Overall, corporate governance codes are very similar in the four countries. The main differences observed were because of the two-tier board structure in the case of Germany. Evaluation of disclosures by companies This section compares corporate governance disclosures by 5 companies in each of the 4 countries. All data is collected from annual reports of companies in the UK, Australia and Germany, and statements Schedule 14A information filed as part of the annual reports in the case of companies in the US.
Board of Directors The data collected was converted into a score for each aspect and then added to arrive at a score for each company Refer Appendix I for converting data into scores. The maximum possible score was Companies in the UK performed well in this aspect of corporate governance with an average score of Also, diversity in terms of experience of directors was relatively low.
However, the lower score of Tesco does not reflect poor corporate governance. It is just that its corporate governance practice regarding the percentage of independent directors was considered to be relatively inferior since higher percentage of executive directors reduces the influence of independent directors. Also, this is just a measure of independence of directors.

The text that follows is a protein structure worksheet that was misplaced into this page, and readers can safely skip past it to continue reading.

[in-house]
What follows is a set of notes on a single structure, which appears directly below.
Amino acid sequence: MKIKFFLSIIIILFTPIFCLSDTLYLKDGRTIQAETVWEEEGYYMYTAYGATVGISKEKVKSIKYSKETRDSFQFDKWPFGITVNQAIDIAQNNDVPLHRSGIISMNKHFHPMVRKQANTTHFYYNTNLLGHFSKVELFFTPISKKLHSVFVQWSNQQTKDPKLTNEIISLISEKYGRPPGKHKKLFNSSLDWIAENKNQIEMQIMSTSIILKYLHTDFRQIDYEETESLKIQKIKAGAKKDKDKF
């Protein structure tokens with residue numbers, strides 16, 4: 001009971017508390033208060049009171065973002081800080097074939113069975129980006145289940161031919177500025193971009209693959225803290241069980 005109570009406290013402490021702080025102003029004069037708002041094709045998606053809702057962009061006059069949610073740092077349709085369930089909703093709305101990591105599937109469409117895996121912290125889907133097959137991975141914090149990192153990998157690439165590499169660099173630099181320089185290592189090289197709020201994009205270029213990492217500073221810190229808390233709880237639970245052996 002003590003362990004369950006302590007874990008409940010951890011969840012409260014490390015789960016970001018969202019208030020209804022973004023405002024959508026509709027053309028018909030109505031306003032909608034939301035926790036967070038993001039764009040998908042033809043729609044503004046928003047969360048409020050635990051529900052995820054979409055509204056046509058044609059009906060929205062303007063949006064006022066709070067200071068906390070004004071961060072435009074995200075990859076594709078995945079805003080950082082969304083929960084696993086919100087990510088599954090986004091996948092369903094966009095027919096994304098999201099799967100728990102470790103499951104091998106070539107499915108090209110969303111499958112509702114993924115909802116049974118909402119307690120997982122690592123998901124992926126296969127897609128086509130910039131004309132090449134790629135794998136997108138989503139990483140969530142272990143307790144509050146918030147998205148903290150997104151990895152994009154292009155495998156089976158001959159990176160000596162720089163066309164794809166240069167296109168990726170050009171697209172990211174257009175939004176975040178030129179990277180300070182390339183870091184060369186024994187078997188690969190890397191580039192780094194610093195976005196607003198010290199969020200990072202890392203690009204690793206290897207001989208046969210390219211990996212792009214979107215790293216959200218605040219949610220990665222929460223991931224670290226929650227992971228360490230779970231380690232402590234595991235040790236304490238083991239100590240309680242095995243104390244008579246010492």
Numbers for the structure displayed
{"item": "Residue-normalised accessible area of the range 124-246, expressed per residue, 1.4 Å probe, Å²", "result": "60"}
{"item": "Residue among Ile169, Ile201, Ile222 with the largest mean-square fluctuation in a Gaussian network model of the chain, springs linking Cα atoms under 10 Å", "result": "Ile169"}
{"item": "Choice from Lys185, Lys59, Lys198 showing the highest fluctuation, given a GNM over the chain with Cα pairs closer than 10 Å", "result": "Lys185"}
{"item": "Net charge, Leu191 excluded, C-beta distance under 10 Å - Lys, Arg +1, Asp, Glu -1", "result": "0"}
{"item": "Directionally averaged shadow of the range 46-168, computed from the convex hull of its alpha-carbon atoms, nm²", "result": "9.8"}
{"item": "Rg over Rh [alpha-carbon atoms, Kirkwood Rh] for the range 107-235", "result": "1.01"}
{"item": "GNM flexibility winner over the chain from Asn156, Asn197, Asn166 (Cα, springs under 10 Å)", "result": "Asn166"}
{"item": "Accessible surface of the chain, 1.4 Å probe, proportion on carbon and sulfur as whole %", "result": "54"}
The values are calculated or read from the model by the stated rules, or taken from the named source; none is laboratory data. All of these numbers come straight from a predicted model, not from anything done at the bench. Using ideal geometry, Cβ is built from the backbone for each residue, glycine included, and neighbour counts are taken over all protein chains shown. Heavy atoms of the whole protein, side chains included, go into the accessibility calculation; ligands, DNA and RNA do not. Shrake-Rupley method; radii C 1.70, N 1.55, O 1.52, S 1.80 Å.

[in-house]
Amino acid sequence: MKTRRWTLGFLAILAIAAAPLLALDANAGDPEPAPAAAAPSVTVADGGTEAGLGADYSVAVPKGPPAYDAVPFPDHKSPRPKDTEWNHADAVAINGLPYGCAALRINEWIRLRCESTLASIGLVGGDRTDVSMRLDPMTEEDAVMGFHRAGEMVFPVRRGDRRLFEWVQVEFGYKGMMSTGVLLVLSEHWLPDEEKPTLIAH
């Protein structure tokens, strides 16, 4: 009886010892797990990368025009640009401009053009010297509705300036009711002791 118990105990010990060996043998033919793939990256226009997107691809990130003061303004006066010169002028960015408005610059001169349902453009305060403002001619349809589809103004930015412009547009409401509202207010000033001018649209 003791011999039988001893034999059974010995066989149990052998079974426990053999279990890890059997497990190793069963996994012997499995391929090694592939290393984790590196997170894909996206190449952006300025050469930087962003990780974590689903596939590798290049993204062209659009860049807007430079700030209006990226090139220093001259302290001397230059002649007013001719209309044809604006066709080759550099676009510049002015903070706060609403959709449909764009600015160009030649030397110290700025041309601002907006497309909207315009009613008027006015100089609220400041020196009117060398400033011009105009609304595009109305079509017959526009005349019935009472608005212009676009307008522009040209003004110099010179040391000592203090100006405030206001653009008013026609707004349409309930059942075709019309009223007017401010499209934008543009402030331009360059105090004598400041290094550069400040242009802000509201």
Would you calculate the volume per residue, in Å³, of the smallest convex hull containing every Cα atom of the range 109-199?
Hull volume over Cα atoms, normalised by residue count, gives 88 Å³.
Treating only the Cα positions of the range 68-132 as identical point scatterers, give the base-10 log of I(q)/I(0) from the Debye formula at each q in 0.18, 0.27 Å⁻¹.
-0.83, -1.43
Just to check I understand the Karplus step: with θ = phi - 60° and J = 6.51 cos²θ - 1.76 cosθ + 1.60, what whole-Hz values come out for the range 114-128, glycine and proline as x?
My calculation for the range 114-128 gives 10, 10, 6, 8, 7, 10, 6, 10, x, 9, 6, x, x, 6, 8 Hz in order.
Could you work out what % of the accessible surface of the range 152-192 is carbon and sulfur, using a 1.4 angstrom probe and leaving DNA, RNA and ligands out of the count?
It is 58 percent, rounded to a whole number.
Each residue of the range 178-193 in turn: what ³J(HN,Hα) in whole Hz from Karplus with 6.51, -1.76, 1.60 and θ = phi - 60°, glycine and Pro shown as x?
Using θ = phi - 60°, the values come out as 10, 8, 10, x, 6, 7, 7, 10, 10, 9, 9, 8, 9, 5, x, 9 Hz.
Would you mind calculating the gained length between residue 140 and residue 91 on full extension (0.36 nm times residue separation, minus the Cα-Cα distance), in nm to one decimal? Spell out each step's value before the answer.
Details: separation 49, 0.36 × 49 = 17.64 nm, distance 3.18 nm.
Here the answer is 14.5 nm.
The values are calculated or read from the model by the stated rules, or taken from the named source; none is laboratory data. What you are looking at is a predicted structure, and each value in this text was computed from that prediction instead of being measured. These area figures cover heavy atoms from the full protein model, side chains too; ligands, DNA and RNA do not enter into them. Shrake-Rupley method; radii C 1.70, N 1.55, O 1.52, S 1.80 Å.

Actual independence depends upon actions taken by the Board of Directors and is not possible to analyze with the data in annual reports.
Apple and Nike had lowest scores of 10 each. Apple scored low because of the smaller size of the Board of Directors, poor description of skills of directors, and smaller number of sub-committees. Given the low score of Apple, it would be expected that investors would not like to purchase shares of the company.
Therefore, the simple correlation between the score in this report and actual share price performance is difficult to argue for. Companies in Australia were similar to the US since their average score was However, this was mainly because of the low score of 9 of Seek Ltd.